Is happiness a choice?

Posted on May 25, 2017

While attending the World Happiness Summit, Dr Woody sat down with Shawn Achor and Michelle Gielan, both of whom authored books on Happiness, to discuss whether or not happiness is in fact a choice and some simple practices for enhancing happiness.

It has been described by both authors that happiness is the joy of moving towards one's own potential and the movement can fuel happiness. However, one of the challenges of moving towards the potential is to be aware of what potential it is, and how to derive joy from it. Michelle highlighted that it is important to acknowledge that life is a journey, which entails both joy and challenges along the way. Recognizing the desire to grow to the potential and that there is more to achieve is key. While actively seeking seeking opportunities to grow, seek also the joy of being in this journey of growth. Shawn, who also agreed that joy in the journey is key, added on that it is important to feel joy in the present and along the way, and to never assume that one can only be happier when the goals are finally reached. It is pertinent to use the joy felt in the present as a push towards the goals.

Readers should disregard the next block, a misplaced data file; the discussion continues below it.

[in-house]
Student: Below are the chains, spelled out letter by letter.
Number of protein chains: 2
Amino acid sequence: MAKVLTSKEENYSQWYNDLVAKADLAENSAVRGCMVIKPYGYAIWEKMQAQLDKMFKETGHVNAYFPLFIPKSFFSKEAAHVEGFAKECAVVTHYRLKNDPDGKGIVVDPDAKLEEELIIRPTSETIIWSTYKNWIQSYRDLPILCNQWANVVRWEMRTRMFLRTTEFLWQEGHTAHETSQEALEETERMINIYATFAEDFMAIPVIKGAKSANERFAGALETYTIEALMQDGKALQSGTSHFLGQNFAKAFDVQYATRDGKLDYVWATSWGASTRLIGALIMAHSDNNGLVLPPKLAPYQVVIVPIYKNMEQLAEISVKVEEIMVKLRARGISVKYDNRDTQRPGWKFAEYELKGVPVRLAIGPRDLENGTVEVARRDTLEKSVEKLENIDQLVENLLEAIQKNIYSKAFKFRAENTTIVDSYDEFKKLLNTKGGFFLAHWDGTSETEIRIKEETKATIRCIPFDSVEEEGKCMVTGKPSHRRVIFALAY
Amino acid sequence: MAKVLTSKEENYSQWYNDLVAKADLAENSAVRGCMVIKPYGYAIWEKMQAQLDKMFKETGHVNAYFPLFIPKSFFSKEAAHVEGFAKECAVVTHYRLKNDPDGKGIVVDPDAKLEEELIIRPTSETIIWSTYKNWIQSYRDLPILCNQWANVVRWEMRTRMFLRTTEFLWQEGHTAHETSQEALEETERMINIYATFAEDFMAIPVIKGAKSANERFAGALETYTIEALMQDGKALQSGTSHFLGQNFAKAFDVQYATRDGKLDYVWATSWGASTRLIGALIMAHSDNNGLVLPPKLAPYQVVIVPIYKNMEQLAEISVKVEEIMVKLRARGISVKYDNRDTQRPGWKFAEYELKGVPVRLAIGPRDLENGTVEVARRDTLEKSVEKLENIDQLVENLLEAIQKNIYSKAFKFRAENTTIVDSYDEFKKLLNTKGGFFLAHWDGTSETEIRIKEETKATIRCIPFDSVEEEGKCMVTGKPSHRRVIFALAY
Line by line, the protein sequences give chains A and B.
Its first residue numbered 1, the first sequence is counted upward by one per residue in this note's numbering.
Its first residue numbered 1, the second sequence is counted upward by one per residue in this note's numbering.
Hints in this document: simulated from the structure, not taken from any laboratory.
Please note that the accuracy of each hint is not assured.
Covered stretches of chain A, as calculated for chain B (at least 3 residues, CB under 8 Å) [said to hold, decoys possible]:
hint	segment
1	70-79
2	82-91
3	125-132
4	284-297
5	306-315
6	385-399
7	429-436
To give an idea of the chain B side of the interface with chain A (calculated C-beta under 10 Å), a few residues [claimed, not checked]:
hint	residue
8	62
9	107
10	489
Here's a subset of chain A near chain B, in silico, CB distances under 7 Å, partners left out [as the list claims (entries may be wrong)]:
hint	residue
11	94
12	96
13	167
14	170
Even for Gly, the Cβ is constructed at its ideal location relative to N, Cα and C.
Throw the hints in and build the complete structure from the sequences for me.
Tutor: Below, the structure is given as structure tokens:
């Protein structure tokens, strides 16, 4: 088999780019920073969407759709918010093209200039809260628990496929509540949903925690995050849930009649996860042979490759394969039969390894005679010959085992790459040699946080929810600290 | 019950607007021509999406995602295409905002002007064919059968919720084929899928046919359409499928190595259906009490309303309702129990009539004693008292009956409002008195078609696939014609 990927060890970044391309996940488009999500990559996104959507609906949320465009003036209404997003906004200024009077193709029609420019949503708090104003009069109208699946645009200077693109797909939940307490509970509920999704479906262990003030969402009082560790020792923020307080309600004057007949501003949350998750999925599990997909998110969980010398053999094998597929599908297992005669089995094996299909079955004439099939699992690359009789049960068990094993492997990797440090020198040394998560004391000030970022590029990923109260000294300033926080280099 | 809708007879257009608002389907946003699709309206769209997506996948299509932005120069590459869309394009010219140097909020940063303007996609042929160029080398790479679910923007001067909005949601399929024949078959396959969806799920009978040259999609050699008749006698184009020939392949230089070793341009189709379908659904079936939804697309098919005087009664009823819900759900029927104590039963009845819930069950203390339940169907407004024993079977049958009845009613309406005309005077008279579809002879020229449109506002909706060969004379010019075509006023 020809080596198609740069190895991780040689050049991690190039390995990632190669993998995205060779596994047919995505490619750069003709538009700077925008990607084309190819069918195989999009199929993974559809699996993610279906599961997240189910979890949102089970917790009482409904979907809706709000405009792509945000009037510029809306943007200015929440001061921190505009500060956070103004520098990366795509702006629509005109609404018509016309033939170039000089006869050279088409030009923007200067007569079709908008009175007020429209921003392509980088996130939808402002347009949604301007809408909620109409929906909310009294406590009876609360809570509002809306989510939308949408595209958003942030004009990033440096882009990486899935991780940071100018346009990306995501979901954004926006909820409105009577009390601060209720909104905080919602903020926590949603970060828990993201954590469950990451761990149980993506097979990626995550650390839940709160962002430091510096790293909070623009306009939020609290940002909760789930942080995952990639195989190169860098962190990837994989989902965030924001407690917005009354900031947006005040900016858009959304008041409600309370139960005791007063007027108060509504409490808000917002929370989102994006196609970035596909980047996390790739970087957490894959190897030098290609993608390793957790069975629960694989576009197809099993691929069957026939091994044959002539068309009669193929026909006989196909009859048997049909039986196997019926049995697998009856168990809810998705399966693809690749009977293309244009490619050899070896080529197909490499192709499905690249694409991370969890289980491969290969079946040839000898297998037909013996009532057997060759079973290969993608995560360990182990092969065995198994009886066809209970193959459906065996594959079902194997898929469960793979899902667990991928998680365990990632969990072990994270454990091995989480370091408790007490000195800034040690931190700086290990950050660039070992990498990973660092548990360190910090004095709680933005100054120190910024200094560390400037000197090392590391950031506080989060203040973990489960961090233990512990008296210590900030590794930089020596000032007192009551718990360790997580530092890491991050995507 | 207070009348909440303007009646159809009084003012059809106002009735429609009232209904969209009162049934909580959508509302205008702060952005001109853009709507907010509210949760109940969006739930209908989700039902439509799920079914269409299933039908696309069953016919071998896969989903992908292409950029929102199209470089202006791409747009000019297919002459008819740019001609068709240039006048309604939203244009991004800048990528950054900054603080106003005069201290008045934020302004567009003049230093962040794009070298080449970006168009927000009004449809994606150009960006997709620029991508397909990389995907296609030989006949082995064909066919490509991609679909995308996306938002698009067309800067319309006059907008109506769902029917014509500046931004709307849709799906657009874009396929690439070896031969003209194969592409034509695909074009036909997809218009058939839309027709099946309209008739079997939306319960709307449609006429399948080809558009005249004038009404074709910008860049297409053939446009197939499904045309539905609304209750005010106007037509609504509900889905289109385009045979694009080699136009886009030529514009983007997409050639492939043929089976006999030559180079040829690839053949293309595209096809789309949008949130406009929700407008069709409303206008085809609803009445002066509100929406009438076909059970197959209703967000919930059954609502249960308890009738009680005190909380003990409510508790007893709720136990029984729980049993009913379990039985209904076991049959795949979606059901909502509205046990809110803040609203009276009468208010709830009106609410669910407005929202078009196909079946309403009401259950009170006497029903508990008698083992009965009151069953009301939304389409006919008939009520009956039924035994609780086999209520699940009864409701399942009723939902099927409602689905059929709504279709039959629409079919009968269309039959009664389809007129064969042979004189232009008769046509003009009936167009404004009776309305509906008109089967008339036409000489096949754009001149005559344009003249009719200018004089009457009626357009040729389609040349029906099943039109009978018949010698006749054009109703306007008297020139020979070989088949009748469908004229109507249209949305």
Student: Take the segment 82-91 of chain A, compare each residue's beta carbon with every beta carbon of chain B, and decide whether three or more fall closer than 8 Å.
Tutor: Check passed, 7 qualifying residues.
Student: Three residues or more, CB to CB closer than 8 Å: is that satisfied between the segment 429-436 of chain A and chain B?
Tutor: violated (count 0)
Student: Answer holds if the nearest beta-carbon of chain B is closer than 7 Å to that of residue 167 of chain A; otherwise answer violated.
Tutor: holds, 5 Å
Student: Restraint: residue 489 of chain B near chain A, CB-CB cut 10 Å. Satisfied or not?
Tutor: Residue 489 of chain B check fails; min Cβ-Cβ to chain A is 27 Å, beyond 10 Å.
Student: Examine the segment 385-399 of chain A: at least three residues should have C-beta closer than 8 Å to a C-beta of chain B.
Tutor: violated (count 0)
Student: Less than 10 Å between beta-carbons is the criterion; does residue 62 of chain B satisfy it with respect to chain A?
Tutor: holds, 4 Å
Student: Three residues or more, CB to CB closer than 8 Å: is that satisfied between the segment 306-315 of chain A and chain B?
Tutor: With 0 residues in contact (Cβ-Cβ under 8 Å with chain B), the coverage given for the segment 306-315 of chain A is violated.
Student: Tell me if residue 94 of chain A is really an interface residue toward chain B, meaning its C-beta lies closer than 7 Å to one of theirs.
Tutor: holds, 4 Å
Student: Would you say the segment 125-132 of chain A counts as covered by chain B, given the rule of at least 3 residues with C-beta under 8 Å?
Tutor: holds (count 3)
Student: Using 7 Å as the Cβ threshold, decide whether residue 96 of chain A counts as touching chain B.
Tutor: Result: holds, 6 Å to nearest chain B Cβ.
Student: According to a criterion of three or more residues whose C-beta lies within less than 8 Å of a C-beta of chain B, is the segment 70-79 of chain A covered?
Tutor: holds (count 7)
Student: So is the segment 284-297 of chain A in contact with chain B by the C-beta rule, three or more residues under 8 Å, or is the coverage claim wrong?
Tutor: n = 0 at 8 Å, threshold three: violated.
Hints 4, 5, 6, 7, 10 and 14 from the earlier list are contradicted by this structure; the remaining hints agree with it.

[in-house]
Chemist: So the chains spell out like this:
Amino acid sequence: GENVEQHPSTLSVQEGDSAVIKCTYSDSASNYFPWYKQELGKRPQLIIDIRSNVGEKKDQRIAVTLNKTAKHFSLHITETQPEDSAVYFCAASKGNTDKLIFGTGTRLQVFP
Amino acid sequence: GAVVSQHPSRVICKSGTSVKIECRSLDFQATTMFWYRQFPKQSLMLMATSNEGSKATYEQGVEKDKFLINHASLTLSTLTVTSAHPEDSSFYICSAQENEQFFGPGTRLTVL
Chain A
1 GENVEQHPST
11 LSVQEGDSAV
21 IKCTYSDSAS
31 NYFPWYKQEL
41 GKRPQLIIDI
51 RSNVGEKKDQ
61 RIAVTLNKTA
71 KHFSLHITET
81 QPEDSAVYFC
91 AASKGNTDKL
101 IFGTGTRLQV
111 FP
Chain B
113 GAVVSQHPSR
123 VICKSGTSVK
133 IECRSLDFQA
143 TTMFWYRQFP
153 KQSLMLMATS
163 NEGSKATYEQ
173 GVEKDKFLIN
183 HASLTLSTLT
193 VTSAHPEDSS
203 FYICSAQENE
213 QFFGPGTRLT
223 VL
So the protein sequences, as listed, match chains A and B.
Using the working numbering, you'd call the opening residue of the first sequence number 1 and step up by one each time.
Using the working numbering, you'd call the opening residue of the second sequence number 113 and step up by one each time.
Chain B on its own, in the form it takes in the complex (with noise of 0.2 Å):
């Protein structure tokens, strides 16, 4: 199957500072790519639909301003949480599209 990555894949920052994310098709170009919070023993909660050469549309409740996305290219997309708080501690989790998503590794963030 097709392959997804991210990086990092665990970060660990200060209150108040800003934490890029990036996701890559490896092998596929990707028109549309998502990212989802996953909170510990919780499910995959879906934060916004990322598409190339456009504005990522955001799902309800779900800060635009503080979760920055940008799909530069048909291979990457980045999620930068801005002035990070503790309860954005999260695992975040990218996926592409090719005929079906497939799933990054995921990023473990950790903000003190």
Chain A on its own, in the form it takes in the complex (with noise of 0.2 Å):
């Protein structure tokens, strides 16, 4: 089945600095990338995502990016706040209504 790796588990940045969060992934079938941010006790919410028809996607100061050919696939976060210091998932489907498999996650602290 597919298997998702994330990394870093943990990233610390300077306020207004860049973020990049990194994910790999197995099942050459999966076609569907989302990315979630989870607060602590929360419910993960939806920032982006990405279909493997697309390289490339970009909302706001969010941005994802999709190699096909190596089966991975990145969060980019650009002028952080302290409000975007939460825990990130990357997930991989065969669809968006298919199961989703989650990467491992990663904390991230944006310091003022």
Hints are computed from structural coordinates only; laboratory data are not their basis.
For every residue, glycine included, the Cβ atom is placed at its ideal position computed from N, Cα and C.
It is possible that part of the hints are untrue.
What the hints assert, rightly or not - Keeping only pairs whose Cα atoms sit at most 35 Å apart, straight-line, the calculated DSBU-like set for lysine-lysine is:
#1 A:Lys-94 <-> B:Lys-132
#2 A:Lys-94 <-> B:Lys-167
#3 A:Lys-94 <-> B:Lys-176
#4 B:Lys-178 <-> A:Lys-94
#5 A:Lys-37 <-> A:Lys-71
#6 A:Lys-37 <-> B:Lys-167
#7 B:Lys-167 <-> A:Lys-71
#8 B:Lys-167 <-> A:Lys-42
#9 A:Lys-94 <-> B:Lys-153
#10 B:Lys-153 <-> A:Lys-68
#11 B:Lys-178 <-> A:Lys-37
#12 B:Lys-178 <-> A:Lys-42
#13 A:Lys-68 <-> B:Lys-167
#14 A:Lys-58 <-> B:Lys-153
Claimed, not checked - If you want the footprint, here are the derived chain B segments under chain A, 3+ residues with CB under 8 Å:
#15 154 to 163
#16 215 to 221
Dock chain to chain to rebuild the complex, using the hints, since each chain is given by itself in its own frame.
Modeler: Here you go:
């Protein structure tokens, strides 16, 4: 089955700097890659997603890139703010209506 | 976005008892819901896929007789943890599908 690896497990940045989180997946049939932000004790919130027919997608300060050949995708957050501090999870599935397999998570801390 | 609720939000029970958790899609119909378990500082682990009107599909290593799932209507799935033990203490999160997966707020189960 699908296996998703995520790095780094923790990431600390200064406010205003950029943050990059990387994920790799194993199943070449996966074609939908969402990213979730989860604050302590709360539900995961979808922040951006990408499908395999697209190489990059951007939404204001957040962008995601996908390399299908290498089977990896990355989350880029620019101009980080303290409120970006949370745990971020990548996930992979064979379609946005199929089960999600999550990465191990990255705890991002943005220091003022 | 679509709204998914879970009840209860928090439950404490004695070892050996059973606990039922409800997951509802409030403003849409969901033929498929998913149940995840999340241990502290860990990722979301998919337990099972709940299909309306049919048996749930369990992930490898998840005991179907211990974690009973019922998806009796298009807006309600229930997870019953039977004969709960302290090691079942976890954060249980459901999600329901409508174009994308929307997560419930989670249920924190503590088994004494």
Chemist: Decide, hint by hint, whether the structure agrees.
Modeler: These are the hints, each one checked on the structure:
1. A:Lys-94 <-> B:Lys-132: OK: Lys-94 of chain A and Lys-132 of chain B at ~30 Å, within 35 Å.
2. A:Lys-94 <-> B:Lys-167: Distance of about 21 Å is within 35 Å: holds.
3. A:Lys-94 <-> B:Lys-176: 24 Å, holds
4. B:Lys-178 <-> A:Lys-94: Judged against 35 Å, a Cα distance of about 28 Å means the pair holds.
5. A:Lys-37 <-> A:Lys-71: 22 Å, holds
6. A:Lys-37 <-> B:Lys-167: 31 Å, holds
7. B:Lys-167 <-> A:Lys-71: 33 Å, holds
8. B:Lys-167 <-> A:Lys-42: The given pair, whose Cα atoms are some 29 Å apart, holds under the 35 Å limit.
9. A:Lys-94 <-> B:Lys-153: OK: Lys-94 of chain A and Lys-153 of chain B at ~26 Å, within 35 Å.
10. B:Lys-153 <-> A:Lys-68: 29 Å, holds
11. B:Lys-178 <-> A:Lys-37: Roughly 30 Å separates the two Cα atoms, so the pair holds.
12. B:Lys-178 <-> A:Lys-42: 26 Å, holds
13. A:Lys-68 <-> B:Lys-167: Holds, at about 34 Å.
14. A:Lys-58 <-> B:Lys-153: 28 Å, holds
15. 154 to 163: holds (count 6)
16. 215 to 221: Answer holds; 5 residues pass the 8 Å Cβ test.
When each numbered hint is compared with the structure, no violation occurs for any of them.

Shawn emphasized that happiness can be a choice and it is something that everyone can practise. Certain situations and relationships in life may upset us, but change is always possible. However, we do need reminders sometimes, that change is possible.

So how can we practise happiness? Michelle suggested that being conscious about how we devote our mental resources and training our brain to practise happiness is key. This can be done through simple practices like writing down three things you're grateful for each day, or sending positive messages of affirmations to others. Such habits allow us to constantly bring our brains back to the positive, by focusing on the good things and meaningful people in our lives. The more we practise, the easier it becomes to see the positive the our lives, and consequently, we are able to be engaged in a joyful state more easily.


Source material from Psychology Today

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